Right now, INES is vibrating- literally. Somewhere, outside of the office where I sit with a loaner laptop plugged into the wall and slowly downloading TED Talks for the night’s class, singers and dancers raise their voices loud and thump- even louder- against the floor. A veritable gospel concert, a cacophony of voices and sounds and clapping, somewhere else in the campus. My class will no doubt be the most boring thing around here tonight- I walked past a room, usually a classroom with chairs and blackboard, where three Rwandans in full tae kwon do attire screamed and ran kicking patterns across the cement floor. All of a sudden, the music stops.
INES, the university where I work and briefly described earlier, is an unusual school, unlike any university where I’ve worked or attended classes before- and I’ve taught or gone to class at universities in three countries. I would best describe this school, the Institute of Applied Sciences (they are phasing out their French name, which gives us the “INES” acronym, but I will not offend French speakers the world over by attempting to pronounce it) as much closer to a professional development school than a traditional university- and that’s not to denigrate it, but to recognize the difference between it and traditional Western campuses.
I’m currently teaching for the night/weekend program, hence the insane schedule that I described in an earlier post. It feels as though I’m teaching workshops- one day events focused on a skill. The university uses a modular system, which appears to enjoy popularity in Rwanda, but would probably only be seen at for-profit institutions back in the States. The modular system means that students take one class at a time. For day students, this means an entire week focused on one class, with 6+ teaching hours a day. The class lasts a week and then… poof, done. The weekend program has a similar schedule, but spaces its marathon days over a few weekends. Instead of allowing for time between classes, teachers pack all the material into a few consecutive days.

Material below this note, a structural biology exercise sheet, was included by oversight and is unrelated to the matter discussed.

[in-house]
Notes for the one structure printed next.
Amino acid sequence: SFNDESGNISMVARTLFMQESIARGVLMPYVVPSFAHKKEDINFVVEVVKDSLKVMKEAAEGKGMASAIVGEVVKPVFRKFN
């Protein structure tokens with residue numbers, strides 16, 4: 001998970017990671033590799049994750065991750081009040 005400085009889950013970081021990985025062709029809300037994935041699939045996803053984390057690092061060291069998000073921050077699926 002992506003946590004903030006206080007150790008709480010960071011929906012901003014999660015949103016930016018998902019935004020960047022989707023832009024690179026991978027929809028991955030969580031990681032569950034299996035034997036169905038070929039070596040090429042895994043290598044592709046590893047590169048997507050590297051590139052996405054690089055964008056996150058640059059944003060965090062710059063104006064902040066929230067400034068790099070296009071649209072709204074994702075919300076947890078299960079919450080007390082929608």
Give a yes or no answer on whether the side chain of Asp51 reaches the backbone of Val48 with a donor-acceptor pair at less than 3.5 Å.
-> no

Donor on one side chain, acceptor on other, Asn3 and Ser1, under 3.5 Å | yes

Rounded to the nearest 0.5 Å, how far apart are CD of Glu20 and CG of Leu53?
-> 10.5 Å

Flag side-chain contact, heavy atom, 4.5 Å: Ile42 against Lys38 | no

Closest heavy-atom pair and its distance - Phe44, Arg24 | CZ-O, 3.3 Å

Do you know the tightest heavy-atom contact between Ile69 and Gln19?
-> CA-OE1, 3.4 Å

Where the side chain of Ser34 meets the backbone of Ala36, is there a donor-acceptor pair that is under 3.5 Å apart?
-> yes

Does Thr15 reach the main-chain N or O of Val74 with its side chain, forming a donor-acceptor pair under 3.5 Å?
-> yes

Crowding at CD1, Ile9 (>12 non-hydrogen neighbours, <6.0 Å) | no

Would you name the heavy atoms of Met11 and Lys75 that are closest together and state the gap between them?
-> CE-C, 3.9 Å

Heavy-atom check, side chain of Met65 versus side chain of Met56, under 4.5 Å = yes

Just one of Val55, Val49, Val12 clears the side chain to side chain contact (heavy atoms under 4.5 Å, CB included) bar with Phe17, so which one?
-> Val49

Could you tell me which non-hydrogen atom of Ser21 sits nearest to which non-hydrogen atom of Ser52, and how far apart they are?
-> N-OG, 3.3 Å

The universities follow this practice for one main reason: money. Well, really, the lack of it. Most professors teach at more than one school, a practice I noted in Poland when universities rely on adjunct instructors. It’s not so different for professors in the United States where adjuncts have long overtaken full time, tenure-trackers. On the modular system, a professor will come to the area for a week, stay at the university hostel, teach their course, and then move on to the next place- the veritable gypsy proff.
This schedule means that I must shift my normal language teaching practices. My fellow language teachers will note that 8 hours of class in one sitting rarely has the same language acquisition results as those same 8 hours spread over a week, when students have time to process and practice. It means less homework, less time for preparing presentations, and far less for reading and absorbing information. After tonight, my class will be more than half over, and as a teacher, I feel a twinge of regret or even guilt that I was able to impart so little.
But, like most of my new life, it is an exercise in doing what I can with what I have. It was a challenging week- my laptop crashed (hence the loaner) with all of my class plans and the roster and gradesheet that I had fashioned from my 52+ student class (I’m still not sure how many people are supposed to be shoehorned into there). But I’m back tonight, throwing out plans of essays in favor of making my students talk as much as possible- which might actually be more torturous to them.
The choir is back, singing and stomping out a chorus, far better to listen to than the Catholic school choir I was raised on. I’ve got my photocopies ready- it was a tiny victory for me, locating the place on campus where I could get them made, involving a lot of very dramatic miming and making Xerox machine noises to get my point across. Back to work again.